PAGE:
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Trauma Counselling 

Trauma-Informed Stabilization Treatment (TIST), developed by Dr. Janina Fisher, is a specialized approach for addressing severe trauma-related symptoms and disorders. Many trauma survivors grapple with intense self-hatred, self-harm, eating disorders, substance abuse, and suicidal thoughts. Traditional treatments often fall short, leading to recurring crises, hospitalizations, and cycles of addiction and recovery.

TIST operates on the principle that these severe reactions are not signs of personality disorders or mental illness, but rather indicators of trauma-induced fragmentation and self-alienation.

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The Impact of Trauma

Experiencing trauma, particularly in childhood, necessitates a disconnection from body and mind. This detachment helps children endure overwhelming events, continue their development, and form attachments even with abusive caregivers. The human brain, composed of distinct structures that hold different types of information, naturally fragments or dissociates under stress. While adaptive during traumatic events, this response becomes problematic when trauma persists, as seen in cases of child abuse, domestic violence, or prolonged exposure to violence and threats.

Daily threats trigger survival instincts—fight, flight, freeze, cry for help, or submit. In some contexts, expressions of anger or fight responses are suppressed, favoring passive or compliant behaviors instead. Over time, these survival responses form distinct personality parts, each driven by different defense mechanisms.

The Role of TIST

Traumatized individuals often enter adulthood with fragmented personalities. One part might function effectively in daily life, managing work, studies, and caregiving, while another part feels fraudulent or burdened by responsibilities. Other parts may experience guilt, shame, or self-doubt, which can manifest as mood swings or inappropriate behaviors. Suicidal thoughts and self-harm are often desperate attempts at seeking relief rather than genuine wishes to die.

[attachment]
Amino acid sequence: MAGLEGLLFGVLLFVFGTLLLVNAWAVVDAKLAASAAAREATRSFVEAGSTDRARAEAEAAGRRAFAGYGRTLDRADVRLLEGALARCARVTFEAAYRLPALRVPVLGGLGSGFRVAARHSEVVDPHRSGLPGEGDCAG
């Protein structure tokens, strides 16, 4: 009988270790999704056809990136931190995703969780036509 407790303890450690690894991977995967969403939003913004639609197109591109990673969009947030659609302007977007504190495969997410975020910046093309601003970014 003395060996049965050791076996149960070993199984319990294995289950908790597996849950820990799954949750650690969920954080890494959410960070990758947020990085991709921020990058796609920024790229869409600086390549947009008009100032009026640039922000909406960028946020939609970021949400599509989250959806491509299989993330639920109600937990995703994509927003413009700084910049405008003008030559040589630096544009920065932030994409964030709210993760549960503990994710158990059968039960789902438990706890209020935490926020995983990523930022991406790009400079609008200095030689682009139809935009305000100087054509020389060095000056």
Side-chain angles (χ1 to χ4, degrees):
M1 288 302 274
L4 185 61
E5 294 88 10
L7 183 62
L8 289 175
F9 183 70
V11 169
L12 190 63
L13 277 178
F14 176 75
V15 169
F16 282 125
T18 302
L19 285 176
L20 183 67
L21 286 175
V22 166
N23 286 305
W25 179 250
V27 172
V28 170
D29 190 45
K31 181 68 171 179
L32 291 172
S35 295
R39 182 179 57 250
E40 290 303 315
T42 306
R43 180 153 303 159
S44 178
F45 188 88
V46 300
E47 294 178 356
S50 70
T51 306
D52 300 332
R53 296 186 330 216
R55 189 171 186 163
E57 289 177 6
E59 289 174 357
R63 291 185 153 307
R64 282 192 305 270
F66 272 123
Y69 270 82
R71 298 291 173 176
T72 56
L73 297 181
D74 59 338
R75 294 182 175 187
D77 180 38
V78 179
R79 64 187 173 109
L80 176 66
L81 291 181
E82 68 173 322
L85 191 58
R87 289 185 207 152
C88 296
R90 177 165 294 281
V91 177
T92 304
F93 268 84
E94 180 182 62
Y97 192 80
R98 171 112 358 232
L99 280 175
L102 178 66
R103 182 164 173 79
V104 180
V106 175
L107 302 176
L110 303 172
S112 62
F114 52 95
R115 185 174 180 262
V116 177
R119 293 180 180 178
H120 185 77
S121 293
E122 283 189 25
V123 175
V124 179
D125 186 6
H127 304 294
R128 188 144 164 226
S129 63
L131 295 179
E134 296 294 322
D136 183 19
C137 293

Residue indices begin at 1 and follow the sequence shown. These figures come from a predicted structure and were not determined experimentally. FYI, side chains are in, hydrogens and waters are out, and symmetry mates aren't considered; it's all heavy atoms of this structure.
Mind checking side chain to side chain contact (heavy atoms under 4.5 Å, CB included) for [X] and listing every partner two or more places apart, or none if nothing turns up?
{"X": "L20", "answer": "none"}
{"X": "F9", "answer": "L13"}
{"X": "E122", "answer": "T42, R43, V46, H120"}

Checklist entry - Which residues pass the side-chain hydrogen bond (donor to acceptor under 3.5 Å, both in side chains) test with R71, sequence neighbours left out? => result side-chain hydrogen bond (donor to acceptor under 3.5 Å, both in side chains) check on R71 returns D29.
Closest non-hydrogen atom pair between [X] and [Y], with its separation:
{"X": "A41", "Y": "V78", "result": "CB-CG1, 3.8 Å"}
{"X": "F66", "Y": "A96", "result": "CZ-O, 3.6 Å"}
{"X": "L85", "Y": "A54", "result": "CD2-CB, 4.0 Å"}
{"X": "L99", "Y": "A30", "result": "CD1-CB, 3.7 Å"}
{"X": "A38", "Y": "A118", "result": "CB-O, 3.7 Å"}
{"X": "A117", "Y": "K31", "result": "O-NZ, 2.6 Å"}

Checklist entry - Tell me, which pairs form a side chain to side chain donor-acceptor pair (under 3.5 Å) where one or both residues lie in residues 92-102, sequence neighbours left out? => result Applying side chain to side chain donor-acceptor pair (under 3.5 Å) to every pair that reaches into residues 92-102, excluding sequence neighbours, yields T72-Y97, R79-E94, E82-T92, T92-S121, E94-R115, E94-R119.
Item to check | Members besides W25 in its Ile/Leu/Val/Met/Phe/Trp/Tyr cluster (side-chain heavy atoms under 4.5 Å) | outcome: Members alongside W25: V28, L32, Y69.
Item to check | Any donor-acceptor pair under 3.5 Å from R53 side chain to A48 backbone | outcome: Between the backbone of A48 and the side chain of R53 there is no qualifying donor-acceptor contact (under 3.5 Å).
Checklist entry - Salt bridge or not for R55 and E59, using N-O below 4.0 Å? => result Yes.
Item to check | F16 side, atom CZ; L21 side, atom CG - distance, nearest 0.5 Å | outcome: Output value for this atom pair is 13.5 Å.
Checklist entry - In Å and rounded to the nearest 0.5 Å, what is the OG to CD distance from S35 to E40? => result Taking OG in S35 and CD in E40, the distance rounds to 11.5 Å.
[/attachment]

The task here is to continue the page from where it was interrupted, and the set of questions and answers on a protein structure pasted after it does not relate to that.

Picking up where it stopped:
TIST was initially developed to treat chronic suicidality and self-harming behaviors in patients with long-term mental illness. Many participants in the early trials had been hospitalized for years, continuing to harm themselves despite various treatments. TIST provided a breakthrough where other methods had failed.

The TIST Approach

TIST is a mindfulness-based therapy encouraging individuals to observe their distressing emotions and impulses as signs of triggered parts of the self. Clients learn to see these parts not as defining who they are but as aspects of their trauma responses. By being curious about the fears and needs of each part, clients can inhibit acting on harmful impulses. This mindfulness component allows individuals to slow down and explore their reactions without judgment.

Unlike other therapies, TIST does not focus on revisiting traumatic events. Instead, it addresses the lasting effects of trauma on the individual’s personality parts. Healing occurs when the adult acknowledges and accepts these parts, recognizing them as crucial to survival. Each part can be transformed from a problem into a solution: the fight response can provide strength and courage, while the submit response can offer willingness and compromise.

As individuals develop compassion for their traumatized parts, they experience increased calm and safety, feeling that the trauma is truly in the past and they are safe in the present.

 

Conclusion

Trauma-Informed Stabilization Treatment (TIST) offers a unique and effective approach for those suffering from severe trauma-related symptoms. By understanding and integrating the fragmented parts of the personality, individuals can move beyond their traumatic experiences and achieve lasting healing and stability.

Please contact us to book an in-person or telehealth appointment today!

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